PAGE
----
Students discuss concerns of armed Public Safety at NovaChats



Emily Servodidio

Photo Courtesy of




On March 21, CAT and SGA sponsored a NovaChat discussion about Villanova’s decision to arm and deputize public safety officers on campus. The discussion took place in Café Nova and was facilitated by George James. A Presidential Scholar and graduate of the class of 2001, James studied Psychology and Africana Studies at Villanova before earning his Masters in Family Therapy from Drexel University. James is now a licensed marriage and family therapist and nationally recognized speaker and workshop leader. James has appeared as an expert guest on many radio, television and online programs, including TedX. In 2012 James gave a TedX Talk entitled “The Power of Relationships.”

Students attended the NovaChat event, and some faculty members also attended. Along the border of the room there were several poster-boards with the words “protection,” “profiled,” “fear and anxiety,” “change” and “safety.” To begin the discussion, James asked everyone in the room to write what comes to their mind when they read those words. James then opened the floor to the audience. Participants raised their hands to voice answers and opinions, but also had the option of texting their responses. These messages appeared anonymously on a screen, and James used them to further the discussion. 

A major concern among participating students is the Catholic model of the University. Many feel that introducing guns onto our campus would challenge the values and standards of the Catholic Church. Also, students wondered if guns would truly provide more protection in the end. An underlying theme of the discussion was atmospheric changes. Several noticed a level of fear that could linger between student-public safety officer relationships if the student knows an officer is carrying a gun. Students also noted the high rates of police profiling and unjust killings that have been occurring over the last two years throughout America, and how this decision poses a potential threat for their lives.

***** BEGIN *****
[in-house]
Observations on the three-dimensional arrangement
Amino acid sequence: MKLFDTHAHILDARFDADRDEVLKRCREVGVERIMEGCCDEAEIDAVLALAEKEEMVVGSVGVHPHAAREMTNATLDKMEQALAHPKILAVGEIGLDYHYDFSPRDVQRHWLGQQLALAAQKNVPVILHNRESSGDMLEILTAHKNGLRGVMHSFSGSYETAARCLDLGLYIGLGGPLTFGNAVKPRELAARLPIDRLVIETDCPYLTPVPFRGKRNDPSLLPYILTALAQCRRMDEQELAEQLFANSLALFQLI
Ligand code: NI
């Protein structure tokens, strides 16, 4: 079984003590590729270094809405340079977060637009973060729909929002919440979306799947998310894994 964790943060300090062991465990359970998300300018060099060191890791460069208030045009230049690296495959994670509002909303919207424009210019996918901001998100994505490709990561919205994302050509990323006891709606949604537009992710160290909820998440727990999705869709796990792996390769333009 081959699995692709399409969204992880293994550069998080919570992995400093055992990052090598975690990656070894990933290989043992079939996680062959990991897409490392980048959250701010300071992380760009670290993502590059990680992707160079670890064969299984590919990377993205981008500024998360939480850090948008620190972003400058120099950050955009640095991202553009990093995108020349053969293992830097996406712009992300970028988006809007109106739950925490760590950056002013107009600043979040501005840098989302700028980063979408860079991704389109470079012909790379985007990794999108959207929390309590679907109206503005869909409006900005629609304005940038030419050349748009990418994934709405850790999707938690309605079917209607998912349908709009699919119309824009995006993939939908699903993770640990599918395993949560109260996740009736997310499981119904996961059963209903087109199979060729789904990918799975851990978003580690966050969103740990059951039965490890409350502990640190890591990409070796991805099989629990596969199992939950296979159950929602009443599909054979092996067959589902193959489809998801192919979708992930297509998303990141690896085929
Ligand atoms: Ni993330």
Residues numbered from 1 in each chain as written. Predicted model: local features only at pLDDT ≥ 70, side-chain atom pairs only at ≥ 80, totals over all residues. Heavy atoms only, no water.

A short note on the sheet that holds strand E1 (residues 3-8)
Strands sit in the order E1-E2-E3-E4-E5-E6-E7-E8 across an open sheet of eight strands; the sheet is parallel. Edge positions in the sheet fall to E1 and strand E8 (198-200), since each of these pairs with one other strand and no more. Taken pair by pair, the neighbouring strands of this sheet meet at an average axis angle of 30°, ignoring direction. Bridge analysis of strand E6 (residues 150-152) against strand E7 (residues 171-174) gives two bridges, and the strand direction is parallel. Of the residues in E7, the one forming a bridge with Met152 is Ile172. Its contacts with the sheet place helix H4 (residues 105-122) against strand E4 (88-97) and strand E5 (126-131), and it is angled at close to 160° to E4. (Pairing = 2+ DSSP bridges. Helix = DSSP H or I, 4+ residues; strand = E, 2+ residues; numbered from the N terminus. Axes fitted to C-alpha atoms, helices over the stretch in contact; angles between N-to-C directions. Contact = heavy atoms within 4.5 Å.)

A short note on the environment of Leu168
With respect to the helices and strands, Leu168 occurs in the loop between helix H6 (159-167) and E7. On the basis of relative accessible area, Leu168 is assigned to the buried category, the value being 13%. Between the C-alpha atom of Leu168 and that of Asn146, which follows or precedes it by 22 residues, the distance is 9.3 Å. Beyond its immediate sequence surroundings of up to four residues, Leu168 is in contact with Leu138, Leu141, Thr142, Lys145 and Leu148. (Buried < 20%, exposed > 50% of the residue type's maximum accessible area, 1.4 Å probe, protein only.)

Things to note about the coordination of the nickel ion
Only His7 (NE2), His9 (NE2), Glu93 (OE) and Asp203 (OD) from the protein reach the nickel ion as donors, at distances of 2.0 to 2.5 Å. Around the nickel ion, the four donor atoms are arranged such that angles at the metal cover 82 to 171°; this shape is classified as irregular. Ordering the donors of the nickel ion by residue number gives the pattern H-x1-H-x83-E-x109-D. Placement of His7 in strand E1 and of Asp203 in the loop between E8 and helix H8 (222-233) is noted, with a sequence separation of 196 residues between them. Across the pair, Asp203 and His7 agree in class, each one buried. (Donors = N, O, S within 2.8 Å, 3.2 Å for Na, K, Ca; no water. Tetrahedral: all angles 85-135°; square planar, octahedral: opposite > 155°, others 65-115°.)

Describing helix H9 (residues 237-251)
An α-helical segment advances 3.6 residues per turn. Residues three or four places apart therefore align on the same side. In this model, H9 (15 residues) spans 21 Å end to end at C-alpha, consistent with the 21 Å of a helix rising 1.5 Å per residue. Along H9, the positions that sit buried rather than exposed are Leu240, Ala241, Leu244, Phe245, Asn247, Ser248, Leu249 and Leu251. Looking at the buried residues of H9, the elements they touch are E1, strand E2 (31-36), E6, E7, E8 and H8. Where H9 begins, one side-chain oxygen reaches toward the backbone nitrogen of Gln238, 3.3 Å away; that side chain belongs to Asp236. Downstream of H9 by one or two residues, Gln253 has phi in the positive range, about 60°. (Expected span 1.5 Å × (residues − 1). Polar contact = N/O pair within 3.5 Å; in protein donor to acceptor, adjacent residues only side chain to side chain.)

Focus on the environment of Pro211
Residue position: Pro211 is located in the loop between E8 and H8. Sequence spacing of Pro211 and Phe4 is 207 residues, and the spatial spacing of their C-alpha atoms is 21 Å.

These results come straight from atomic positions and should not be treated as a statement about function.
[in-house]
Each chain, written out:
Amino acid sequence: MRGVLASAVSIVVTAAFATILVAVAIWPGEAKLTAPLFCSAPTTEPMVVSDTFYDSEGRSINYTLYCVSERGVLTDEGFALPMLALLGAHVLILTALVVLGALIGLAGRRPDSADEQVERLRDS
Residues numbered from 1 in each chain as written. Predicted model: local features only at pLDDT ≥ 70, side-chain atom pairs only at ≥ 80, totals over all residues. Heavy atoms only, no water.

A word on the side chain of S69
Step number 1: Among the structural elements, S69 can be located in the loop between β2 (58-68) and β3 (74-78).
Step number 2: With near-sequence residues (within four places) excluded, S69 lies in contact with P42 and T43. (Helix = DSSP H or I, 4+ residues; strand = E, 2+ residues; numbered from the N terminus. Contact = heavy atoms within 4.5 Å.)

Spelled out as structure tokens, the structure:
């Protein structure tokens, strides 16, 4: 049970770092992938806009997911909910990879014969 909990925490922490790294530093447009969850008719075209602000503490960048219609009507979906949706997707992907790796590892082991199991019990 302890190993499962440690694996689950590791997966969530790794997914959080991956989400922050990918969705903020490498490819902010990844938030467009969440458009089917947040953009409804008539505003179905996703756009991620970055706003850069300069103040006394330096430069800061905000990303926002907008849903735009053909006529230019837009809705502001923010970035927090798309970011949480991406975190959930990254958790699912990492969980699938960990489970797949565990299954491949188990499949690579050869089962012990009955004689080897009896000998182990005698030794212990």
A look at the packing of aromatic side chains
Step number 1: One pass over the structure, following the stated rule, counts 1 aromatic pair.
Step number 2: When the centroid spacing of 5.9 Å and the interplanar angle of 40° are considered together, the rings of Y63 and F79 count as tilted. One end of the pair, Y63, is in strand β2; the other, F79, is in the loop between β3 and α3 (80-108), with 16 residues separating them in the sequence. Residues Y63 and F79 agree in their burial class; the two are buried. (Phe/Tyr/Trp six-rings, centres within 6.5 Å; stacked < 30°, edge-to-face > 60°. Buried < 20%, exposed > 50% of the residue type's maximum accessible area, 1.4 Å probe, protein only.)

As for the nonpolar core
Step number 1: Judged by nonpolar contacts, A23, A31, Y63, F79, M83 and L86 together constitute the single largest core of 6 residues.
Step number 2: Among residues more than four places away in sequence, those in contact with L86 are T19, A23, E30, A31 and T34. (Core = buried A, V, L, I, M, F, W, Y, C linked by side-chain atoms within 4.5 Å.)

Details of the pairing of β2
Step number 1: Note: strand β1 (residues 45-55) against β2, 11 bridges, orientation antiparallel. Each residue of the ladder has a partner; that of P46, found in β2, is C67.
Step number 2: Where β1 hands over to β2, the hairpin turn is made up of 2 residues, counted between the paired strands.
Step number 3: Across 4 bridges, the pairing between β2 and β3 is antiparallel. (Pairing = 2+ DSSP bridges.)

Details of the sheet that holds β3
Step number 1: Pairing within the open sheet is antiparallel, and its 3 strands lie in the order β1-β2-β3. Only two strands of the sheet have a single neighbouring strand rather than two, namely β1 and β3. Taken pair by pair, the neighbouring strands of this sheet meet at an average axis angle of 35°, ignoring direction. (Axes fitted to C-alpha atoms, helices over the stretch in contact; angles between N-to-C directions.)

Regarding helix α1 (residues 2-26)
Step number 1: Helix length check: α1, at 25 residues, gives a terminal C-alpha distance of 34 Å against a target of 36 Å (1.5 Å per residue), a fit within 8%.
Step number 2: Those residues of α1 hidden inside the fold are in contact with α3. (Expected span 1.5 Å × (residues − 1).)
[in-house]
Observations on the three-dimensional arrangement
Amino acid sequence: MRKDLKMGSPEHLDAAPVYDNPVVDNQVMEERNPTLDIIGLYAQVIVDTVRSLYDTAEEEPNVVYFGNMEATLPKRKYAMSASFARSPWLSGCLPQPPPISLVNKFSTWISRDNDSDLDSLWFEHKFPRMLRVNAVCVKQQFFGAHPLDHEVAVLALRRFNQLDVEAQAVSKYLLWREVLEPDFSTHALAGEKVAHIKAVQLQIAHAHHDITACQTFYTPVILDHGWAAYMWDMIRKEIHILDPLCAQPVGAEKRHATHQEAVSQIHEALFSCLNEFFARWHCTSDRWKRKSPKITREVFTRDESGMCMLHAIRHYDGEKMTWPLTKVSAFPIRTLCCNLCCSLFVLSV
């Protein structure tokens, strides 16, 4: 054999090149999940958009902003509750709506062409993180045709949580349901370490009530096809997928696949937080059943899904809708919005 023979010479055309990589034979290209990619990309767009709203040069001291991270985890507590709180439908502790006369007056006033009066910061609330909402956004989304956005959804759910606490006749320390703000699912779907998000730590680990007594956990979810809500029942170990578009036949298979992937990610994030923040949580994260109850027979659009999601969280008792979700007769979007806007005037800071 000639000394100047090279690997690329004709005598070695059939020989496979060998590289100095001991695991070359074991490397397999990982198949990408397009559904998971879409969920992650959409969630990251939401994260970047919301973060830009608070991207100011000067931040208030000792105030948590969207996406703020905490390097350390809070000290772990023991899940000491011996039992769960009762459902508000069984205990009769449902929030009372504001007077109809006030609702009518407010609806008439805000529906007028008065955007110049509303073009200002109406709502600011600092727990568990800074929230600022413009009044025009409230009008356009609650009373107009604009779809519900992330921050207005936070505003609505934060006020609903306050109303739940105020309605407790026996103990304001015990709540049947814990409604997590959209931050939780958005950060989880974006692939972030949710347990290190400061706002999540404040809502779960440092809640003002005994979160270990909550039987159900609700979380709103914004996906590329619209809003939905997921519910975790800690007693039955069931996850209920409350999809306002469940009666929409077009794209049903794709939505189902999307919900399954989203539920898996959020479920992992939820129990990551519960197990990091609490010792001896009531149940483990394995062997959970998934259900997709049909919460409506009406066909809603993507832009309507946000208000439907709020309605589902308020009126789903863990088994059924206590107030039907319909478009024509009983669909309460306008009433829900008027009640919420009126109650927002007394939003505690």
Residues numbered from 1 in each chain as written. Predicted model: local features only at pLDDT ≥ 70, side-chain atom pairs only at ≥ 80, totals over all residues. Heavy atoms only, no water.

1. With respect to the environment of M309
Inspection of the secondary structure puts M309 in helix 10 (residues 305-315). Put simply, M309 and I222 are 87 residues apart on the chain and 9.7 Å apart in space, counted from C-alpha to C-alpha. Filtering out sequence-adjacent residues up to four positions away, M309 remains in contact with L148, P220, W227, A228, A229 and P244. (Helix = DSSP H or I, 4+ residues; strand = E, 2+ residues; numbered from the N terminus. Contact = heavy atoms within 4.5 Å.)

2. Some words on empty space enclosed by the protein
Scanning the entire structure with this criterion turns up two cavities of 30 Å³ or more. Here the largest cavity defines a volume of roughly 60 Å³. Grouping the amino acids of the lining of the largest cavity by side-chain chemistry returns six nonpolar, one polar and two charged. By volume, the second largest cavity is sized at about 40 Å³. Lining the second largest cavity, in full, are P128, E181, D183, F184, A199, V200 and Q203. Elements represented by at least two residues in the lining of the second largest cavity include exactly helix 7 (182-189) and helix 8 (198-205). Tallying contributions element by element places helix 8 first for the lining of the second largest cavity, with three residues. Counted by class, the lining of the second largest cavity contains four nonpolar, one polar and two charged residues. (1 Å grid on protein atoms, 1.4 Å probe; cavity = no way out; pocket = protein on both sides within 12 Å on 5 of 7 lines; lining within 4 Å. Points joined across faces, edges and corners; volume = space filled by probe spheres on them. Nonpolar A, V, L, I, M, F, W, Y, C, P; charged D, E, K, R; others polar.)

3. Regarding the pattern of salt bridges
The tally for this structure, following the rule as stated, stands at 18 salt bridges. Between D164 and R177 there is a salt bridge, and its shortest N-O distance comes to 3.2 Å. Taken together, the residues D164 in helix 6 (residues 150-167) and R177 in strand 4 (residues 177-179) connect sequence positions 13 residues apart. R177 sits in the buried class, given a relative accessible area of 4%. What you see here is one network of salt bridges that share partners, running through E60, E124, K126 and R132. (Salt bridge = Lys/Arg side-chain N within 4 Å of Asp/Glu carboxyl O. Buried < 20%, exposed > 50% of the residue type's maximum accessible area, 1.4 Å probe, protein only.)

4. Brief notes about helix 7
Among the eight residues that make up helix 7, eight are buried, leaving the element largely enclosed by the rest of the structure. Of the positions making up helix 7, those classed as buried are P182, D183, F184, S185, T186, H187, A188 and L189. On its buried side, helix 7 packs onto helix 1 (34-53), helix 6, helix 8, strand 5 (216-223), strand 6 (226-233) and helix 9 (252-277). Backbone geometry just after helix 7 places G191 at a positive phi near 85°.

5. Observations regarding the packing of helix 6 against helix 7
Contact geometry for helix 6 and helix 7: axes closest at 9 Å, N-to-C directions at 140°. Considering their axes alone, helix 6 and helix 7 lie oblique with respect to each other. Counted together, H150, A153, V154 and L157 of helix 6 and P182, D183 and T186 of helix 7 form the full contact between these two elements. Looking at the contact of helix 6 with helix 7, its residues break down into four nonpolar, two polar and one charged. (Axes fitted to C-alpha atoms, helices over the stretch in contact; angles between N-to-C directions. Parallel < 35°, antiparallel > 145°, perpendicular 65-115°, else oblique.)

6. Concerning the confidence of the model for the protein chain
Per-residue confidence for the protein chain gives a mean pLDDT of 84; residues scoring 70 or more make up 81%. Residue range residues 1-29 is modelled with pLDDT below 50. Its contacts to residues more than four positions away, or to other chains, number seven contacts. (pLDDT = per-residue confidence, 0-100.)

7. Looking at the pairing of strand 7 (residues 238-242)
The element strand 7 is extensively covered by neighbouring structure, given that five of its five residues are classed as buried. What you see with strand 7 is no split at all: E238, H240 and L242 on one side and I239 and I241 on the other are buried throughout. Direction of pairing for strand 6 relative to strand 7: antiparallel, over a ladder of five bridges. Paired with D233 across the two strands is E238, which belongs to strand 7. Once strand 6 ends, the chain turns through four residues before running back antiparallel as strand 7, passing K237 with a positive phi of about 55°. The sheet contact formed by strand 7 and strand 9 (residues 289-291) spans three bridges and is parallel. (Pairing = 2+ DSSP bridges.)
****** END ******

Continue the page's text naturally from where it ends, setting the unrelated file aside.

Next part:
Students not only expressed anxiety over the decision to arm officers, but frustration as well. Many felt like their voices hadn’t been heard through the decision making process. Liam Hoover and Patrick Flynn, both freshman, attended the town hall forum with Father Peter earlier this year, but were not satisfied.

 “Father Peter kept saying ‘I hope,’” Hoover said. “He didn’t have any definitive answers about safety on campus, even though they said we’ll address the student concerns.”

Flynn echoed these sentiments. “The process is backwards” he said. “The decision is made, then we have the forums. It seems too late.”

Current juniors and seniors had the opportunity to complete an online survey in 2014 when the decision was first being deliberated. Students expressed frustration at never hearing the results of the survey. The survey also did not include the sentiments of the current freshman and sophomore classes, who were not yet a part of the community.

James finished the discussion by asking students for suggestions to make the transition smoother. Some raised their hands, saying they do not know the public safety officers and thus could not trust them. Others called for a better representation of minorities in the force. Students also learned of the establishment of an Oversight Committee. According to a flyer distributed at the event, “This committee will act as a liaison between the Public Safety Department and the University Committee.” It will “receive and review suggestions, complaints and concerns from the community.”

The committee will be comprised of two students, three faculty members, one staff member, a University administrator who will serve as committee chair and one other member of the community. The group is designed specifically to hear the voice of the student body, intended to act as the mediator between the student and authoritative voices.